Including a new afterword by the author, this bold and controversial book will not only change how historians think about the causes of the Civil War but will place its powerful legacy into proper perspective.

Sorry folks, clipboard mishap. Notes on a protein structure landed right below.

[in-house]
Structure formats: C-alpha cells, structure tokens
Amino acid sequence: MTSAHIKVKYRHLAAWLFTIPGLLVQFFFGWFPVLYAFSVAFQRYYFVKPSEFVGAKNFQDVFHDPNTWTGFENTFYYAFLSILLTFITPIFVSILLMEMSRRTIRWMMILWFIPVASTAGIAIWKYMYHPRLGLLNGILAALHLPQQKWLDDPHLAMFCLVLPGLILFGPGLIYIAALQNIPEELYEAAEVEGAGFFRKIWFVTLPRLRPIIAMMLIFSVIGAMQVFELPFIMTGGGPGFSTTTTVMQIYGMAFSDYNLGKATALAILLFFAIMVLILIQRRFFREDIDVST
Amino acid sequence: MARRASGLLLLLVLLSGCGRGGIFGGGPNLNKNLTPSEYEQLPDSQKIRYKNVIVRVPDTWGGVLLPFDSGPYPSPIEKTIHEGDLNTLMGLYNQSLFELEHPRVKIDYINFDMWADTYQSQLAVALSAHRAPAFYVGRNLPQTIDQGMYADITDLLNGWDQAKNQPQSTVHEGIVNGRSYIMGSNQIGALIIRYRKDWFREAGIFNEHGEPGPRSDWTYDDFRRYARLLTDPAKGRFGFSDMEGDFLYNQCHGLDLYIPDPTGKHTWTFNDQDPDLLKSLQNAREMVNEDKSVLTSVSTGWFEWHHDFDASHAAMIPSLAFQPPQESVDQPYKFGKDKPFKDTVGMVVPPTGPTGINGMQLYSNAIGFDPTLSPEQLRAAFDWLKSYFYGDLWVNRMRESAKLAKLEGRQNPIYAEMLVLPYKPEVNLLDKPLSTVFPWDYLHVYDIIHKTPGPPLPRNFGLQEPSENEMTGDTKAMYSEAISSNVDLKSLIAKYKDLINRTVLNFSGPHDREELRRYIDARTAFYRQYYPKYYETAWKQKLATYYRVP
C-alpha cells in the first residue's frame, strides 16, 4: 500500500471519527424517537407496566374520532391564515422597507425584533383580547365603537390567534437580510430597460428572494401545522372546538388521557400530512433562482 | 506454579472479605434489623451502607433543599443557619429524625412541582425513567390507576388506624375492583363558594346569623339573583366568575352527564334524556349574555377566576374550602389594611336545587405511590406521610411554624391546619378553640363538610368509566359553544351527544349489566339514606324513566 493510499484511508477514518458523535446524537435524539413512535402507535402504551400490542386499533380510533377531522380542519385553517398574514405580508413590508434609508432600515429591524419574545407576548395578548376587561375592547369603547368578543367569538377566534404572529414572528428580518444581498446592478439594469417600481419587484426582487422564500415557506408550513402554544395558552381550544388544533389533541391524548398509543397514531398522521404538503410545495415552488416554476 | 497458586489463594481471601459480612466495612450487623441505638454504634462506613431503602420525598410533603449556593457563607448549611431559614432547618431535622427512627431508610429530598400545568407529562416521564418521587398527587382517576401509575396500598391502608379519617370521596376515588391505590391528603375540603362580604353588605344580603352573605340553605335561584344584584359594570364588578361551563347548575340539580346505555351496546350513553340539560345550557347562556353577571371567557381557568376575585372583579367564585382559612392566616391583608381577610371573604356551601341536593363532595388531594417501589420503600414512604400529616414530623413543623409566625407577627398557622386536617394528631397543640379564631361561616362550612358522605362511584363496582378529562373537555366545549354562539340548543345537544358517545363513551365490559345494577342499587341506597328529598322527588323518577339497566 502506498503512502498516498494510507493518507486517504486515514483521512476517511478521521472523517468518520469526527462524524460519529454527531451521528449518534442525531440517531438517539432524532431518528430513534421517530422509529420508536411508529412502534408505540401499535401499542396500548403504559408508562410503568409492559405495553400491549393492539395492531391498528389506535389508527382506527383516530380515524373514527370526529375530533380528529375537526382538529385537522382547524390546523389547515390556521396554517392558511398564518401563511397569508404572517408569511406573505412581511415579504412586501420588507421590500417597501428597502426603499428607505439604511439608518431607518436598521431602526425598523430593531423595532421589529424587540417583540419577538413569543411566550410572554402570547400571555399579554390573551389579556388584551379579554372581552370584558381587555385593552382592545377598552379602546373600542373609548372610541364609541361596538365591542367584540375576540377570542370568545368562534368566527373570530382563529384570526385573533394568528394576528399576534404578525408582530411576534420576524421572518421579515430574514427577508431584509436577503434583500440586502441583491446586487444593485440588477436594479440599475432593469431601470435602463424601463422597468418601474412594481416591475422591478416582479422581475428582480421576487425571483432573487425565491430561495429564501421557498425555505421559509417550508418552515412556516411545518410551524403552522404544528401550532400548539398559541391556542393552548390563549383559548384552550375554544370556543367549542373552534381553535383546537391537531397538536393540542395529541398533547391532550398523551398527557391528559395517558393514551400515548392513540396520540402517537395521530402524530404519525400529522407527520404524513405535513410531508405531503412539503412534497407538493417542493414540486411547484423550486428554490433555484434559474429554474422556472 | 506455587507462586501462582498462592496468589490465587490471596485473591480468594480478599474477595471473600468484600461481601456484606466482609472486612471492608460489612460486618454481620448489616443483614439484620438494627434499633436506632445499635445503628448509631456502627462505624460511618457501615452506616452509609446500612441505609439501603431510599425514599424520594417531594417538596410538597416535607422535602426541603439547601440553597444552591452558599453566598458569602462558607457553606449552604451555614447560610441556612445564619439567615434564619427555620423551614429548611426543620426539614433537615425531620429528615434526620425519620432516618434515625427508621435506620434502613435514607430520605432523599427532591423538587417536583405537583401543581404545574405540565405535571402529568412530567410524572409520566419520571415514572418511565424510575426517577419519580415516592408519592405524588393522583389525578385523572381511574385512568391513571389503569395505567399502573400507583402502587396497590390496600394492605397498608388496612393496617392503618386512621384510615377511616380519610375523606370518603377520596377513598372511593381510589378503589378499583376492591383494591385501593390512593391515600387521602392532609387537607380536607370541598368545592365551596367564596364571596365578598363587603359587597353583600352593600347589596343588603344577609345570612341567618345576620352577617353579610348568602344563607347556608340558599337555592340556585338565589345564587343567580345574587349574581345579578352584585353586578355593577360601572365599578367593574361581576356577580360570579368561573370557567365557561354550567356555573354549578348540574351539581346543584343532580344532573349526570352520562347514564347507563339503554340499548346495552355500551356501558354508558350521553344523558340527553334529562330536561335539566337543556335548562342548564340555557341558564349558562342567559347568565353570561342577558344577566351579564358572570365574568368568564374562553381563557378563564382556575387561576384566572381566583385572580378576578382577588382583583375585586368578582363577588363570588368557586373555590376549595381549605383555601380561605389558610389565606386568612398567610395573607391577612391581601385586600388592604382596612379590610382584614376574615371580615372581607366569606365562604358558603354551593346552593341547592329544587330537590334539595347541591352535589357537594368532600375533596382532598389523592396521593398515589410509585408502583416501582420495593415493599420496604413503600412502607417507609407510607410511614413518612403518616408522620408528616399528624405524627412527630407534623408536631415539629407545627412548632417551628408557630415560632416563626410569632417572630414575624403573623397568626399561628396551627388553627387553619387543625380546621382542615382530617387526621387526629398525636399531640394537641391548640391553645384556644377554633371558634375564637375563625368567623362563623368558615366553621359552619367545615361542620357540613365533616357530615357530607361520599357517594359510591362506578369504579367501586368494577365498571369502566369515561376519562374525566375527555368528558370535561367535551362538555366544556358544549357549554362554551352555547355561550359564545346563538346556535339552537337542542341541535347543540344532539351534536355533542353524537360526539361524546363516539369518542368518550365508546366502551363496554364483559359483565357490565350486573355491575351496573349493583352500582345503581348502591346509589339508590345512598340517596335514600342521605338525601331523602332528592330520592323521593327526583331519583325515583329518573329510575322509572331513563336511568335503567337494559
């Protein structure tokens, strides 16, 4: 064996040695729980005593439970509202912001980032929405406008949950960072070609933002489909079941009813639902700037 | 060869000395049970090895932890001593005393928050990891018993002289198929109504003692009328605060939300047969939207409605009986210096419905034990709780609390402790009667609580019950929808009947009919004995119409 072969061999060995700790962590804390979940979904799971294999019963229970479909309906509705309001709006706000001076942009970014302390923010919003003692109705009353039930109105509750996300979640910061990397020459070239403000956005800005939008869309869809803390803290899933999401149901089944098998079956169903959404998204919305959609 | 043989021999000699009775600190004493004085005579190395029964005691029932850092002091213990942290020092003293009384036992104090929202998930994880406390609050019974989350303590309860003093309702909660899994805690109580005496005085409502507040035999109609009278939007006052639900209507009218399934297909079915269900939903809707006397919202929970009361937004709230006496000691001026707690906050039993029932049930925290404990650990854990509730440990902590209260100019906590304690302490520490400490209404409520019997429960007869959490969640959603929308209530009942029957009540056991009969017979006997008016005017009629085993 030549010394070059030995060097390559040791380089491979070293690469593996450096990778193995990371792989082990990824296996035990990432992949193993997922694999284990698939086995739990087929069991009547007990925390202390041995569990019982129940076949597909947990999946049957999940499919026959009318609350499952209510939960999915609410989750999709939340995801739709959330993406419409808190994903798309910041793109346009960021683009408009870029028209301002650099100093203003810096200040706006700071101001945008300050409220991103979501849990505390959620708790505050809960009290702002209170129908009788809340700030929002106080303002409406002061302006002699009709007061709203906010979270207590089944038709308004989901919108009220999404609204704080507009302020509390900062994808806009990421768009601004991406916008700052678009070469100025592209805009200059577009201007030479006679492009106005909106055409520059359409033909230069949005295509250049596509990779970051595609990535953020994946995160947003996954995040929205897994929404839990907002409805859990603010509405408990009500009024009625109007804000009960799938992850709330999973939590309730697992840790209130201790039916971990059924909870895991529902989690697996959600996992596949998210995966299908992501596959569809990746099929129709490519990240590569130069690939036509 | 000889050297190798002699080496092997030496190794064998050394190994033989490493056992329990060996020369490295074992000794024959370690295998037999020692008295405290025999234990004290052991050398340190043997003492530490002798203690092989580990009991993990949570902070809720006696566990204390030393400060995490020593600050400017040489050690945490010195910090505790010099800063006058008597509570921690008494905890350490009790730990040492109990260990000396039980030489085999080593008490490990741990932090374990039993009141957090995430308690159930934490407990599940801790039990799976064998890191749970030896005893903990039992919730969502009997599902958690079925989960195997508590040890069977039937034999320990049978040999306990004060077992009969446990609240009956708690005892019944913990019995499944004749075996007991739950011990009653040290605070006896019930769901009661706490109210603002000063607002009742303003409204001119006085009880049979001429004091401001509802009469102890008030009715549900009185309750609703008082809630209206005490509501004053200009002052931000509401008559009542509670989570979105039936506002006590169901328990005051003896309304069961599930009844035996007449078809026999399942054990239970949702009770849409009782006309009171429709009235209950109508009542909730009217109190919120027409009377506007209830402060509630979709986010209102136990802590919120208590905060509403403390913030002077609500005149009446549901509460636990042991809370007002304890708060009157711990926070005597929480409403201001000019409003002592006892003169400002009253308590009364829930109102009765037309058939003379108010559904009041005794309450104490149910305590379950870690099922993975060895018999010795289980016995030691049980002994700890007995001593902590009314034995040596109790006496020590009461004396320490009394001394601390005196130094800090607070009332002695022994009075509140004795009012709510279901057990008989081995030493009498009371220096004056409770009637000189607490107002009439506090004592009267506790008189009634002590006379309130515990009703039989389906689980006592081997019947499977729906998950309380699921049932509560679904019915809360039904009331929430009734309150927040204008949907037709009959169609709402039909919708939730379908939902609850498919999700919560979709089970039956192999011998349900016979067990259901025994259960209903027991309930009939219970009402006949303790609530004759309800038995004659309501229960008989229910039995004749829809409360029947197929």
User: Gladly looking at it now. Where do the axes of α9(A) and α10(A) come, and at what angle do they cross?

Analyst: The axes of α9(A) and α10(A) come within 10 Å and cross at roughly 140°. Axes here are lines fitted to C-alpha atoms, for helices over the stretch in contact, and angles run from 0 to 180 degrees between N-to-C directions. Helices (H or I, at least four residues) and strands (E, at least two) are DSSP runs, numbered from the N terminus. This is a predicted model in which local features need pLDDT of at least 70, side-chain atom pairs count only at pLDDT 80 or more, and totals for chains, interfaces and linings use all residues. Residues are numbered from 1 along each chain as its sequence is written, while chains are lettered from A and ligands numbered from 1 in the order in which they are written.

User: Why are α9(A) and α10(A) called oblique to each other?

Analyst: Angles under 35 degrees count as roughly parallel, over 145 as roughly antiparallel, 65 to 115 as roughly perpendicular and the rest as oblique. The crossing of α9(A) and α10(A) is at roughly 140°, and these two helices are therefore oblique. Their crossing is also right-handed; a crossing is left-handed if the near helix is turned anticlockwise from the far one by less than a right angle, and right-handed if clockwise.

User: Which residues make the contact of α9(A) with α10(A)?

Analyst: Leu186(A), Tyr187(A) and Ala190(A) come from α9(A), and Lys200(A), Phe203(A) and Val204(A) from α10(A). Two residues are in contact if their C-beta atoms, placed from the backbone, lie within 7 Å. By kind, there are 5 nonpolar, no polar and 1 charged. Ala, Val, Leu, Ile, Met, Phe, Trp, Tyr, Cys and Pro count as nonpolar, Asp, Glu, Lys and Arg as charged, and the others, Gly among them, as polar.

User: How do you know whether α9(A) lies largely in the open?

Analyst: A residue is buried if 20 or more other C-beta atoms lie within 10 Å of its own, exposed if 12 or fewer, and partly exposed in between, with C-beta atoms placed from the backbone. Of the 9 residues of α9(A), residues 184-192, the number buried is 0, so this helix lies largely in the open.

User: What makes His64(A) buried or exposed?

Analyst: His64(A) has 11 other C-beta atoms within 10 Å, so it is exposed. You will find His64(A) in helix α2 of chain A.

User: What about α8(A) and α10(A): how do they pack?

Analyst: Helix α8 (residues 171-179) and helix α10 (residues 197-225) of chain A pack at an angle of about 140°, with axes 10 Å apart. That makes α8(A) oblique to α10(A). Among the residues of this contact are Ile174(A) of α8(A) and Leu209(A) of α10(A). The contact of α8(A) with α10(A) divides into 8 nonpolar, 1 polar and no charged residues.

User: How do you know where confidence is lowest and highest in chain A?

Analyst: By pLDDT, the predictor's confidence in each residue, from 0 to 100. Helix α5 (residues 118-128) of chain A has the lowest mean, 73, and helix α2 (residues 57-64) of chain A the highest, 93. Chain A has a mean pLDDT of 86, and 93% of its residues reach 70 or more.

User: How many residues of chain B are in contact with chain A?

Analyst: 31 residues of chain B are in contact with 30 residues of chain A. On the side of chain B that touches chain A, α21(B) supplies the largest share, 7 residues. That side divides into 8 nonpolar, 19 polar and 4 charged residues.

From Adams (Those Dirty Rotten Taxes, 1998), a selectively argued, sometimes absurd polemic against Abraham Lincoln and the Union. Abraham Lincoln assumed in the Second Inaugural Address that his audience knew that slavery `was, somehow, the cause of the war.` Adams disagrees: brushing aside massive historical evidence to the contrary (including the observations of northern and southern contemporaries) and relying heavily on British rather than American writers about the war, Adams asserts that the slavery was a non-issue devised as a pretext to justify Lincoln's unconstitutional `assault` on the South. He argues instead, with extraordinarily slender evidence, that the preservation of taxes and revenues from the South were somehow the cause of the war. Validly, though not particularly controversially, Adams argues against the Lincoln administration's suspension of habeas corpus and its practice of suppressing dissent in the North, although he fails to discuss the Confederacy's attitudes toward internal political dissent. Less reasonably, Adams excoriates Lincoln for not observing constitutional niceties in 1861 with a hostile southern army nearby (arguing that Lincoln had no authority to do anything more than call Congress into session), and he appears to go well beyond historical evidence in attributing the entire war to northern contentiousness about the low southern tariff. Adams grounds his argument for the legitimacy of southern secession in the language of the Declaration of Independence, ignoring the fact that no southern state except Texas had ever been independent and that millions of slaves were not consulted in the southern ordinances of secession. Finally, he rendersanabsurd, quibbling attack on Lincoln's Gettysburg Address: among other objections, he feels the American Revolution did not establish the US as a `new nation, conceived in liberty` and that US national existence and democracy were not at stake in the Civil War. The world will little note nor long remember this poorly reasoned, quarrelsome little tract.